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Review: Quests of Valeria

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Epic quests may be adventurous, showering glory and riches upon those who journey forth to conquer them.  But let’s face it. They’re quite dangerous. Why not play it safer? Like taking part behind the scenes to finance the venture.  After all, someone has to keep affairs organized, making sure the barbarian gets fed and the mage has clean linen robes.  It’s a lot of work. And just like any banker earning interest for investing capital, you are certainly entitled to a share of the spoils for your tireless leadership.

How To Play

In Quests of Valeria players are guild masters looking to root out and destroy the evils that would peril the kingdom.  Just not personally. Instead, you’ll recruit heroes and champions with special skills worthy of undertaking these adventurous tasks.  Where do you look for them? Why, the local tavern, of course.

You’ll assemble your bold fellowship through a mixture of action selection, card drafting and tableau-building.  This compact design uses two decks of cards exclusively for all game purposes.  Well, there are also a handful of Guild Master cards which are shuffled and one dealt to each player to start the game.  These identify specific types of quests for which you’ll earn bonus points at the end. Players also begin with three Citizen cards in hand.

The tavern is created with six numbered tokens placed on the table in a progressive line from 0-1-1-2-2-3.  The Citizens are shuffled and six are dealt face-up, one beneath each token. Then the Quests are shuffled and five are dealt above the tavern row.  Quests are not related to the numbered tokens…only the Citizens.

On a turn you take two actions from among four choices, even repeating the same action if desired.  However, you may be able to do extra things if you can chain the appropriate card combos through your actions.

You never know who you’ll run into at the tavern.

Two of them are quick and simple.  You can draw a Citizen from the deck and add it to your hand.  Or you can reserve one of the five available Quests, adding it to your play area face up to denote it’s not yet complete.  This is an option you might utilize when there is a particular Quest that you don’t yet have the Citizens to meet its requirements, but you don’t want another player stealing it away.  You may only have one reserved Quest at a time.

A third action is to hire a Citizen from the tavern or directly from your hand.  The cost to hire a hero from the tavern is denoted by the token it rests under. The currency used to hire are cards from your hand, which are discarded.  To hire directly from your hand, instead, the cost is always discarding two other cards from your hand. Hired Citizens are then placed in your tableau, called your guild.  Before moving on to your second action – or ending your turn – check to see if that Citizen has a hire power indicated by one or more icons at the bottom of the card. When recruiting that champion, its power activates immediately and may allow you to trigger other actions like draw, reserve or hire another Citizen.  If the card provides a free hire action, you must still pay the appropriate cost to get the new hero, but still, that’s another enlistment for the same action! Furthermore, if that Citizen has a hire power as well, you can now trigger it (or them), and continue chaining actions until no longer able to do so.  There are also some unique hire power abilities aside from the usual actions. Some even let you mess with your opponents. All of these are denoted by special symbols, for which you’ll be consulting the rulebook to decipher iconography.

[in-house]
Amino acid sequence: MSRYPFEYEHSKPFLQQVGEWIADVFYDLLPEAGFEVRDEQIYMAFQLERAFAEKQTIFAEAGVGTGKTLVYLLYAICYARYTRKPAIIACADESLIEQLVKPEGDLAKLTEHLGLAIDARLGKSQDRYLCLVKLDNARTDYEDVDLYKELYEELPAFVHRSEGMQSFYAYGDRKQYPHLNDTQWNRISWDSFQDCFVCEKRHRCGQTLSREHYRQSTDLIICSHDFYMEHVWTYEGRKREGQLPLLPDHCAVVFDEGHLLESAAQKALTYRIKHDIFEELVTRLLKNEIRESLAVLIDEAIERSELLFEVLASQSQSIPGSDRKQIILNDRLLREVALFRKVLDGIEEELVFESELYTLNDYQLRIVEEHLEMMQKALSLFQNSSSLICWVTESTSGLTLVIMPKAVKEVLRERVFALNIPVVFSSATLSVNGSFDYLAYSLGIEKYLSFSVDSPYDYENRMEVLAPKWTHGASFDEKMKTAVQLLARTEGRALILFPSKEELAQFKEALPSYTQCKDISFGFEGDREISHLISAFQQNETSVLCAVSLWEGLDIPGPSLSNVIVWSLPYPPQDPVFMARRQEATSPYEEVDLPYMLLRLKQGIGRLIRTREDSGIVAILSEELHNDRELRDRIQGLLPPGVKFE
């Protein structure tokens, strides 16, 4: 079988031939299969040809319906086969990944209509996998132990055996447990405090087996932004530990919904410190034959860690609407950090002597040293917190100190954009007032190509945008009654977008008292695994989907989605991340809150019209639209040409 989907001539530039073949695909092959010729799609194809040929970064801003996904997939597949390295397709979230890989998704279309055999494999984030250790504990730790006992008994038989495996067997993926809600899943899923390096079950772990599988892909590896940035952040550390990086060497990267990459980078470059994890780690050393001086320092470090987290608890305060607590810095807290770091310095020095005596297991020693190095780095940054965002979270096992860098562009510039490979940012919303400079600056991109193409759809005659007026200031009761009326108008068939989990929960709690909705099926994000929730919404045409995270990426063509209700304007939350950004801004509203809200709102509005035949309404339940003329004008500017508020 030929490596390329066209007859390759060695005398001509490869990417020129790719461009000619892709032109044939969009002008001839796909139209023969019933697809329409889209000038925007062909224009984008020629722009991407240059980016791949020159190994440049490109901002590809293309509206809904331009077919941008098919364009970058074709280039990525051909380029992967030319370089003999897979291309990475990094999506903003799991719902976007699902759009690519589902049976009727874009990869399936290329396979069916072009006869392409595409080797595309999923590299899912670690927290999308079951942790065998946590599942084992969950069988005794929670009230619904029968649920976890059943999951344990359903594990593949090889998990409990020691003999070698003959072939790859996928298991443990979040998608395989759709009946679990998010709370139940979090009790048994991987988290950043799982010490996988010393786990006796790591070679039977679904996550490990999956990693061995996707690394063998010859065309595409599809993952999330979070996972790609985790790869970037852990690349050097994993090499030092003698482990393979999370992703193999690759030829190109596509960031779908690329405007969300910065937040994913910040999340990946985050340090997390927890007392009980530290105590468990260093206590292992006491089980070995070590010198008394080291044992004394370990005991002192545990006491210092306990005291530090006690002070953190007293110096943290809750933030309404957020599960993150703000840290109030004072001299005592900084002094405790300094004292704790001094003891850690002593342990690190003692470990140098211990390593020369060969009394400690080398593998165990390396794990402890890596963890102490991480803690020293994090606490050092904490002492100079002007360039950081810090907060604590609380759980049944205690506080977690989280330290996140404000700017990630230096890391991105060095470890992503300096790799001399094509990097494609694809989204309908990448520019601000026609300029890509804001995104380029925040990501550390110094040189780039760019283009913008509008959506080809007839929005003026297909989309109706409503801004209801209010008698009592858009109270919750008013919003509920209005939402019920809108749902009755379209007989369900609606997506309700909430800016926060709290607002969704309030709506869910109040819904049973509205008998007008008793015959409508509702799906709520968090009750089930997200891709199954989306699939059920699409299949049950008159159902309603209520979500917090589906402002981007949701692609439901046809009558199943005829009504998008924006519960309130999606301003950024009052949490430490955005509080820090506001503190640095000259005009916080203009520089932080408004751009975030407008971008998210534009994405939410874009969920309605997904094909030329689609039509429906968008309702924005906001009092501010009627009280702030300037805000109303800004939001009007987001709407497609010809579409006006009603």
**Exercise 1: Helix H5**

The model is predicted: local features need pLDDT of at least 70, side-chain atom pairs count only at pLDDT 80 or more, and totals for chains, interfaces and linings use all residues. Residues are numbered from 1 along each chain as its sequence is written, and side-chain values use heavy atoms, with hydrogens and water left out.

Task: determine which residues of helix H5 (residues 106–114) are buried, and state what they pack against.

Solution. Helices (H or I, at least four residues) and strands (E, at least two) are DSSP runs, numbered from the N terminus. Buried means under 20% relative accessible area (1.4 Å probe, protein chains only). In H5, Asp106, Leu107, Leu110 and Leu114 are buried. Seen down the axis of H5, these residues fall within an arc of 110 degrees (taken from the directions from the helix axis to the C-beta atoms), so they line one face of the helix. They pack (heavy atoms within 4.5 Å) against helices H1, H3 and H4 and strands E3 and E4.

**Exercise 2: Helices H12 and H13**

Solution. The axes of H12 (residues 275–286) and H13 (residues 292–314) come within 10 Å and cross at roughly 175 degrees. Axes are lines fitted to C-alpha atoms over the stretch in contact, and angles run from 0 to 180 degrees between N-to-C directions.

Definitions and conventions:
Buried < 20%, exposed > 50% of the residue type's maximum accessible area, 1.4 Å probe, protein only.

Recruiting bands of Citizens to your guild is important for undertaking the fourth and final action – quest.  You may complete a Quest either from those available in the center, or one you have reserved previously. Each Quest requires one or more specific hero classes to complete, and also a combination of resources.  There are four class types – worker, soldier, shadow and holy – and every Citizen belongs to one. Also, these champions provide various amounts of resources – either gold, strength and/or magic. By assembling a band of Citizens from your guild whose combination of class(es) and resources meets a Quest’s requirement, you may discard them and complete the adventure, adding it face down to your play area.